Inevitably, every psychotherapist has some experience with severely disturbed patients. Consequently, they will turn with excitement to this important new book which is a stunning attempt by two knowledgeable, persevering psychotherapists to present their understanding and sound therapeutic approach to these difficult and challenging patients. The authors argue that the treatment of choice is clearly psychotherapy and that such treatment can be successful and as long lasting for schizophrenic patients as it is for neurotic patients, but the journey may be longer and it may take more time to traverse.The task of therapy is to untangle the past from the present to make the future conceivable. The volume provides a thorough historical overview of the theoretical and clinical approaches to the problem of schizophrenia, including the views of leading contemporary clinicians on the topic. In general, the major clinical controversies have been regarded as issues of whether to focus on past, present or future; reality or fantasy; affects; exploration or relationship; whether the therapist should be active or passive; and how to handle regression. The authors argue that these are the wrong issues. They say that the task of therapy is to untangle the past from the present to make the future conceivable. Reality and fantasy are intertwined and must both be dealt with. Affects are central to all therapy, and emphasis on anger, despair, loneliness, terror, and shame are all necessary, as is the clarification of affect, and the acceptance of positive affect. Activity versus passivity is again in the wrong question; the right one is what action is helpful, when it is helpful, and when is not doing anything helpful? Regression is inevitable; should one accept it fully or try to limit it? This has no general answer other than do what is necessary (i.e., unavoidable) or most helpful to a particular patient at a particular time.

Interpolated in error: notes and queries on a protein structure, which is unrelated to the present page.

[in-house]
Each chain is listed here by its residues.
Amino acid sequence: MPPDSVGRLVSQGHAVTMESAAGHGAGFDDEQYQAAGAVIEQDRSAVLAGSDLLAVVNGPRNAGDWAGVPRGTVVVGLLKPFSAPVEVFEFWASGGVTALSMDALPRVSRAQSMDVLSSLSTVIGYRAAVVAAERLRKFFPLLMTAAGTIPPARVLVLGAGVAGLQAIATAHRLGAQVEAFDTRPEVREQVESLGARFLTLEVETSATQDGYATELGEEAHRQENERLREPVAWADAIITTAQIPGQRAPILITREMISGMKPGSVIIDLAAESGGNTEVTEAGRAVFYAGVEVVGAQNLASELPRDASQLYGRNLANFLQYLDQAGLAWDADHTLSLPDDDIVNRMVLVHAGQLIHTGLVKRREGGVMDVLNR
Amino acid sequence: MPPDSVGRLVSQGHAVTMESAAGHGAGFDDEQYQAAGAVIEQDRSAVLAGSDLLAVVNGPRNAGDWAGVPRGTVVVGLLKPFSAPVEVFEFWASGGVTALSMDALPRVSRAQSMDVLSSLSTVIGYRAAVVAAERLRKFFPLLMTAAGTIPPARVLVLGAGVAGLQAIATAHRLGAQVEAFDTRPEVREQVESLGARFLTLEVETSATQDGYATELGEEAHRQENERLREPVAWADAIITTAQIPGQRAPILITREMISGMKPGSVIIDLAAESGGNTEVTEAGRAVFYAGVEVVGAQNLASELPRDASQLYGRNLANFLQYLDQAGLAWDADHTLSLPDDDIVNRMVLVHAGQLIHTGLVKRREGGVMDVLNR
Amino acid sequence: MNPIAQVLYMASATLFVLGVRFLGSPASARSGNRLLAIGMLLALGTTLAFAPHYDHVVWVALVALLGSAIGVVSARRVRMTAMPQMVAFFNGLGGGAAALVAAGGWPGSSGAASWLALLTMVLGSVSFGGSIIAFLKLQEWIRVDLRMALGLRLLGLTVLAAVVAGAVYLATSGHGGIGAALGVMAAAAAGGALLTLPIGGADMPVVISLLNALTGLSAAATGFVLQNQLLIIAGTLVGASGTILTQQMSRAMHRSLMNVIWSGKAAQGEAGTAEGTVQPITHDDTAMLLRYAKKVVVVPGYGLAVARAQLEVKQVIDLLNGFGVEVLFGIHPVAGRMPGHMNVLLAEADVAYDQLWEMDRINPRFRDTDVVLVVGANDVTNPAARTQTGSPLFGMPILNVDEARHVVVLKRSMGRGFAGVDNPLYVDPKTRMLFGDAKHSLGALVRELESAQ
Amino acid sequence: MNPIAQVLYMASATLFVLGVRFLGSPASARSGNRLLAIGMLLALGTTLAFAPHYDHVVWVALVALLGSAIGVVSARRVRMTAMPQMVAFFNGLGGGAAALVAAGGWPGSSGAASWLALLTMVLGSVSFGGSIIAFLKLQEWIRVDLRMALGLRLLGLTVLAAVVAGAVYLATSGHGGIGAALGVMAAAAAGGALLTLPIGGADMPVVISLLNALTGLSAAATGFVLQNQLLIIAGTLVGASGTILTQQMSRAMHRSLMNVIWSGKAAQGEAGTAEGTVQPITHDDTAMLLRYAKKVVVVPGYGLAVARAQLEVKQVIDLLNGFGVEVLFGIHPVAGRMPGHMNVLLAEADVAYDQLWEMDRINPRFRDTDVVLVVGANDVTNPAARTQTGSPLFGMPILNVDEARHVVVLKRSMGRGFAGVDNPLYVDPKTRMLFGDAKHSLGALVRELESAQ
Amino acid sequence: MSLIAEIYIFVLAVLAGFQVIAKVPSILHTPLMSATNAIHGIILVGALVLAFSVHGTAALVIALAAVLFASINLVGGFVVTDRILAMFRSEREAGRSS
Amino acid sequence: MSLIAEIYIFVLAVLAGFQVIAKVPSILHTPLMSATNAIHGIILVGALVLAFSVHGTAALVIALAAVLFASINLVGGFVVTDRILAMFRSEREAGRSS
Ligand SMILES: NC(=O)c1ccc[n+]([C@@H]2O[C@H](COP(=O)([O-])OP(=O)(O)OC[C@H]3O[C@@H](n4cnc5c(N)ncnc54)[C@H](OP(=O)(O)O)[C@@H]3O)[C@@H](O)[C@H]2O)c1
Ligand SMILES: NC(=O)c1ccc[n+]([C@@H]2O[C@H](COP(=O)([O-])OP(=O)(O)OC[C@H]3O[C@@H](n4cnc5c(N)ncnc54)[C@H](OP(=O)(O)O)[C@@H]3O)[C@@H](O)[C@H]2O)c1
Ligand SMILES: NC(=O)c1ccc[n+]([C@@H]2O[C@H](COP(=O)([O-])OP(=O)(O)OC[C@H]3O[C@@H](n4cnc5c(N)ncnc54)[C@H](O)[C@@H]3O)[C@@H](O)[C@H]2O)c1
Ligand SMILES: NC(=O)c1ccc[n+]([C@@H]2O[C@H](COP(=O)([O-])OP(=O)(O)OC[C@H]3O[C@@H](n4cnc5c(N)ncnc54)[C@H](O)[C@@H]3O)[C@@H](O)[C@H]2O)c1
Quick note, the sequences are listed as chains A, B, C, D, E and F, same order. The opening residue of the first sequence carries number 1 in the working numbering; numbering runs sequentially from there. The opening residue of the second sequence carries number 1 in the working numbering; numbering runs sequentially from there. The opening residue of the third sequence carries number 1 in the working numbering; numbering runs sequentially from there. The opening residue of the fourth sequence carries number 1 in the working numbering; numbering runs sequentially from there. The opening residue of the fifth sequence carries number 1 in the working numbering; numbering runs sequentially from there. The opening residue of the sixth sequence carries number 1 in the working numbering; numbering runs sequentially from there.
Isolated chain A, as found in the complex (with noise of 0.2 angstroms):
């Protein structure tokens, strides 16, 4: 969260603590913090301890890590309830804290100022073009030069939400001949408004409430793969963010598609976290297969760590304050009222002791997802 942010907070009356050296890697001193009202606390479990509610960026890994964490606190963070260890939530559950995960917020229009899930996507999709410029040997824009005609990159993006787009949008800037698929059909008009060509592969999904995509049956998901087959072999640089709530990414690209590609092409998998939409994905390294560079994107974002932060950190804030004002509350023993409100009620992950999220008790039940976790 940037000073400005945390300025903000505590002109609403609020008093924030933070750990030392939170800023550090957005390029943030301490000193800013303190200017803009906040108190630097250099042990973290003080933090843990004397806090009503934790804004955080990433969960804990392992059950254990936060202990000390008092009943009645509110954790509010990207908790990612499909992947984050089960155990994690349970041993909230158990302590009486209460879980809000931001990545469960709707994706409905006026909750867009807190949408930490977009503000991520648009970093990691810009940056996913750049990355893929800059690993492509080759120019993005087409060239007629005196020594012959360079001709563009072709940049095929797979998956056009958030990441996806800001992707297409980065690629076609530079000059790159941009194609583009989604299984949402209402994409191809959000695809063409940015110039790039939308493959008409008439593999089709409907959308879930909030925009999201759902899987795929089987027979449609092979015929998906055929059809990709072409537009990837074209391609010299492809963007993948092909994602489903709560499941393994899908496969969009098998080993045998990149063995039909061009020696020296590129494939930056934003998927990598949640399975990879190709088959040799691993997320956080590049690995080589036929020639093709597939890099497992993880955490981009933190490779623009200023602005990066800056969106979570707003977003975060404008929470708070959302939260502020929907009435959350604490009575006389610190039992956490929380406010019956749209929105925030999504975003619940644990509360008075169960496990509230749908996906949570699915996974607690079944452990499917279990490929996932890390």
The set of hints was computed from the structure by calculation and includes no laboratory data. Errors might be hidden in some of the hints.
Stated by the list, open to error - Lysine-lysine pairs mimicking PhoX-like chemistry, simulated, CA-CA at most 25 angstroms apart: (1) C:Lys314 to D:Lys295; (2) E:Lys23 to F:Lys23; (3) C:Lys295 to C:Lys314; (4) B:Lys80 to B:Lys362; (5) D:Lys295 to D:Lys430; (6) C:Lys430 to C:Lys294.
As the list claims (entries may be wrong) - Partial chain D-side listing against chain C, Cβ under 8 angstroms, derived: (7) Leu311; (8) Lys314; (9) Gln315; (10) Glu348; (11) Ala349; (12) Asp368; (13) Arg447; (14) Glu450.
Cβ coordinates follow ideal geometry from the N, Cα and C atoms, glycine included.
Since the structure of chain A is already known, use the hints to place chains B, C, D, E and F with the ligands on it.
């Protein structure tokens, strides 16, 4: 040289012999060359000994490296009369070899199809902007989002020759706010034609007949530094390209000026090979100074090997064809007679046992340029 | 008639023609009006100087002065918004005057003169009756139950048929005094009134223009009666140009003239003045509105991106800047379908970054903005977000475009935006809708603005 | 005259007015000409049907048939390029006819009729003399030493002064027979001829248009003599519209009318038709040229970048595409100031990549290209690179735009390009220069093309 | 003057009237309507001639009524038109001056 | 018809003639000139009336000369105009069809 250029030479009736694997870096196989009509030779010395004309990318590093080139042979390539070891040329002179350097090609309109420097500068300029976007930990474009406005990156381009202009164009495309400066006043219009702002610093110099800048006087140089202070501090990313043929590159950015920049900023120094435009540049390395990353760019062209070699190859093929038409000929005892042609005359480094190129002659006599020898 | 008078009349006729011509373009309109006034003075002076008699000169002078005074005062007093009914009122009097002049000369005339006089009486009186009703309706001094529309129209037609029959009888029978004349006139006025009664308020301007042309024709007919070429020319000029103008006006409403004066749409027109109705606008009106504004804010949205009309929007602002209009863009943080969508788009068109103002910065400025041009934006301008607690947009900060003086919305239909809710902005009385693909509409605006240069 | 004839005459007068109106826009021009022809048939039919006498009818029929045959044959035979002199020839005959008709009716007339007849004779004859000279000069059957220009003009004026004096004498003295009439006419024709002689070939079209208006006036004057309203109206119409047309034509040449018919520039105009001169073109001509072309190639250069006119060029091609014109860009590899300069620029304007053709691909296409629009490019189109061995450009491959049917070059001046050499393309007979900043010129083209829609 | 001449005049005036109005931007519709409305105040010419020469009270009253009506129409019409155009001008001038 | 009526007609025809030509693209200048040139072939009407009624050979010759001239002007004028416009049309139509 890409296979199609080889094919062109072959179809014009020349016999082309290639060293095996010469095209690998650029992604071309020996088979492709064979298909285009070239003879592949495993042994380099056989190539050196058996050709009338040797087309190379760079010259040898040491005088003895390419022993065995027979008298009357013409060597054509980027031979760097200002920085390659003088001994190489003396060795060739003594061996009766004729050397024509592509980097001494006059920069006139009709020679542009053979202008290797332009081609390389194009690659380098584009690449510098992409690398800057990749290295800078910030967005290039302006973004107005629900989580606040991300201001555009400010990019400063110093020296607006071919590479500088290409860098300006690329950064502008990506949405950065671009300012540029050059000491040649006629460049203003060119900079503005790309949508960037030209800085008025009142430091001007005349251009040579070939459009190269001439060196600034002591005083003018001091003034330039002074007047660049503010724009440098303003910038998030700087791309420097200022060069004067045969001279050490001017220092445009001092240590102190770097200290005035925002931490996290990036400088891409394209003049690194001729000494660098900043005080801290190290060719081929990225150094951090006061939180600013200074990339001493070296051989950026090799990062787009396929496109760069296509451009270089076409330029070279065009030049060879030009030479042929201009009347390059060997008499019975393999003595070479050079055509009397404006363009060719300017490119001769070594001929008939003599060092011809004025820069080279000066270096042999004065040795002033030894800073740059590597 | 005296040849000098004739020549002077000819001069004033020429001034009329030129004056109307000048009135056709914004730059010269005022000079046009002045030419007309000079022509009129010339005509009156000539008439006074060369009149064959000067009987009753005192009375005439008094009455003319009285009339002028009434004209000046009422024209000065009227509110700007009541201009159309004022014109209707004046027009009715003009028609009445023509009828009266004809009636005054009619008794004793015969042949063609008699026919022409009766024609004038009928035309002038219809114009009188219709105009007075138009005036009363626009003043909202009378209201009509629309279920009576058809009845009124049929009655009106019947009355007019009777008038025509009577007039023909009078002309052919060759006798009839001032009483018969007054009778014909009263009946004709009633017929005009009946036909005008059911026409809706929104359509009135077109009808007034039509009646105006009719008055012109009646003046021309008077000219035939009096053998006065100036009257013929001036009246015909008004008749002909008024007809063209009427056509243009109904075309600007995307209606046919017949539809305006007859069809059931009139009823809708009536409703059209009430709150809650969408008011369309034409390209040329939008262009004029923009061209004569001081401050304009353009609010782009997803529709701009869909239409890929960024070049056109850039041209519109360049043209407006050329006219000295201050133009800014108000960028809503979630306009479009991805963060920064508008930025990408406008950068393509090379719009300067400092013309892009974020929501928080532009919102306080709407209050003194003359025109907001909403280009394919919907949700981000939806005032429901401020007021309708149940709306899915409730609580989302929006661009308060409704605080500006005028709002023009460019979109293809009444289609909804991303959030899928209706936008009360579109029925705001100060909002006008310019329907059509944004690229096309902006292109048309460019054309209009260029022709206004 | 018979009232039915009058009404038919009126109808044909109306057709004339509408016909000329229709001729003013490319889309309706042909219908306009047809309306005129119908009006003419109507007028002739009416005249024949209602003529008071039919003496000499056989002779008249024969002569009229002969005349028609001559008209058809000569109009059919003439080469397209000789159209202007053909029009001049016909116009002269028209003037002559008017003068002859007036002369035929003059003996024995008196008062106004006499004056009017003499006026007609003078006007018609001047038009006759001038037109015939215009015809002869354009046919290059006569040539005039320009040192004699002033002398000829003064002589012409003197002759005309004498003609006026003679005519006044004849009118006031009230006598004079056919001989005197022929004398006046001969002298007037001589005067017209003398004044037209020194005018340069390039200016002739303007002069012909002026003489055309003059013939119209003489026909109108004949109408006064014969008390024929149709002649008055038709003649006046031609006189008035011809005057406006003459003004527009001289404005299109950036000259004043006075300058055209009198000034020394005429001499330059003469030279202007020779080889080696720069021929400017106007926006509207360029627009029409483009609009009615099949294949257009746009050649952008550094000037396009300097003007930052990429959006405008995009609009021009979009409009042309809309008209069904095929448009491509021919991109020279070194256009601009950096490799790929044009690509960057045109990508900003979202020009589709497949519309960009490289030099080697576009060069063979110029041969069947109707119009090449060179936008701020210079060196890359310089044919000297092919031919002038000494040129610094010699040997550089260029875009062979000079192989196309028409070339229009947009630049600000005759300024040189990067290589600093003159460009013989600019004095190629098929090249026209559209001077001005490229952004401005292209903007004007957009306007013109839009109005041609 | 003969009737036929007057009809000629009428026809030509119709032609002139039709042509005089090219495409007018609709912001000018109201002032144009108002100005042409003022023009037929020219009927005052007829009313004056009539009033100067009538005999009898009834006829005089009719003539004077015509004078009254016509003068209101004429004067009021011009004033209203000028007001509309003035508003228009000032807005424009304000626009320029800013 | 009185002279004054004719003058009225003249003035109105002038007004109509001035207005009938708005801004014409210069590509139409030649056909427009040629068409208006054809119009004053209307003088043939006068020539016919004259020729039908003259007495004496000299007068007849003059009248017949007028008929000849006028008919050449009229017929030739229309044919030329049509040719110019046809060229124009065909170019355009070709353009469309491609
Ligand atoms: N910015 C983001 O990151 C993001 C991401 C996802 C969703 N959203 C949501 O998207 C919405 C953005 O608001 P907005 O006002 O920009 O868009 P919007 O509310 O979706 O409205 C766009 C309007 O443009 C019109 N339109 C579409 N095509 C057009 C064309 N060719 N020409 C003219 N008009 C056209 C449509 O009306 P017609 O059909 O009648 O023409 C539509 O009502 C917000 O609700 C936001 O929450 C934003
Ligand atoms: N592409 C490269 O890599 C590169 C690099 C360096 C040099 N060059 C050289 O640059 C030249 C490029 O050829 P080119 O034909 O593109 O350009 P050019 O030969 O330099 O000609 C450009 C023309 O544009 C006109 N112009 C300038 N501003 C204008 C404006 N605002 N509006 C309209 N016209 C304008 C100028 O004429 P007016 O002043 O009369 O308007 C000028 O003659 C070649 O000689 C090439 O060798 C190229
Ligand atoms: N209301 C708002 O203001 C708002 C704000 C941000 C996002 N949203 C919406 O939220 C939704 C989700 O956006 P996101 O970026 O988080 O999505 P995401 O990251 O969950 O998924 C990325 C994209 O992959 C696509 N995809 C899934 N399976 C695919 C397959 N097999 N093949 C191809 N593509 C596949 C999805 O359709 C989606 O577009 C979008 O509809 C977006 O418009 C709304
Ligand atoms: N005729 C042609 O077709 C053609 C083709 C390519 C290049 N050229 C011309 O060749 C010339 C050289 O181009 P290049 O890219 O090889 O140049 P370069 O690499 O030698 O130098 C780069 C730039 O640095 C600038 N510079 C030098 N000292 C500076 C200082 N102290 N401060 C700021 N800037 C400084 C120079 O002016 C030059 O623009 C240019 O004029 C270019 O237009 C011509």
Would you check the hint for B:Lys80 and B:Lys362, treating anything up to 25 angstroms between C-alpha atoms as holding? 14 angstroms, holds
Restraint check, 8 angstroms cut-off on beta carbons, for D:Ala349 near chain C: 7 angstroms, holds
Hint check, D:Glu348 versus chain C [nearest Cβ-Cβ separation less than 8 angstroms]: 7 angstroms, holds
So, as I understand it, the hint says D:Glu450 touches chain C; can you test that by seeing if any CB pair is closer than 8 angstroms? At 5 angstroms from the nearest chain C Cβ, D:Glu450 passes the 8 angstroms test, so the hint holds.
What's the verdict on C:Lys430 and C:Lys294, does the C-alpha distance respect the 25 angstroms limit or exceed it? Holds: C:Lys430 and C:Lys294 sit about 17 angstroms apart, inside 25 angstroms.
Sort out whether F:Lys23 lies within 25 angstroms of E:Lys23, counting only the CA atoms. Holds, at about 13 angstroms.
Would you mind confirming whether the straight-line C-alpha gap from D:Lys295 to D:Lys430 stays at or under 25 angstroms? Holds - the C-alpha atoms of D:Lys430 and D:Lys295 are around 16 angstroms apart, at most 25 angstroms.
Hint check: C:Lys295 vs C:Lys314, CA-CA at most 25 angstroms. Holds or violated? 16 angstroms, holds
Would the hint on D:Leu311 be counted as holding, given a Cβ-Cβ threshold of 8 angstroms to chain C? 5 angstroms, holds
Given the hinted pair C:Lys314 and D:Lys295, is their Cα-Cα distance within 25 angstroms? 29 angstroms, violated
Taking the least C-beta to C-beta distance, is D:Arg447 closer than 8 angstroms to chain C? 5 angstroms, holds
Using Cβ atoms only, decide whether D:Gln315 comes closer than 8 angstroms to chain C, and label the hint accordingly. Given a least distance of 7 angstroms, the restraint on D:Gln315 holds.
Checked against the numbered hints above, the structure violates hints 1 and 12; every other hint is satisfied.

Diagnosis

Diagnosis of schizophrenia involves ruling out other mental health disorders and determining that symptoms are not due to substance abuse, medication or a medical condition. Determining a diagnosis of schizophrenia may include:

  • Physical exam. This may be done to help rule out other problems that could be causing symptoms and to check for any related complications.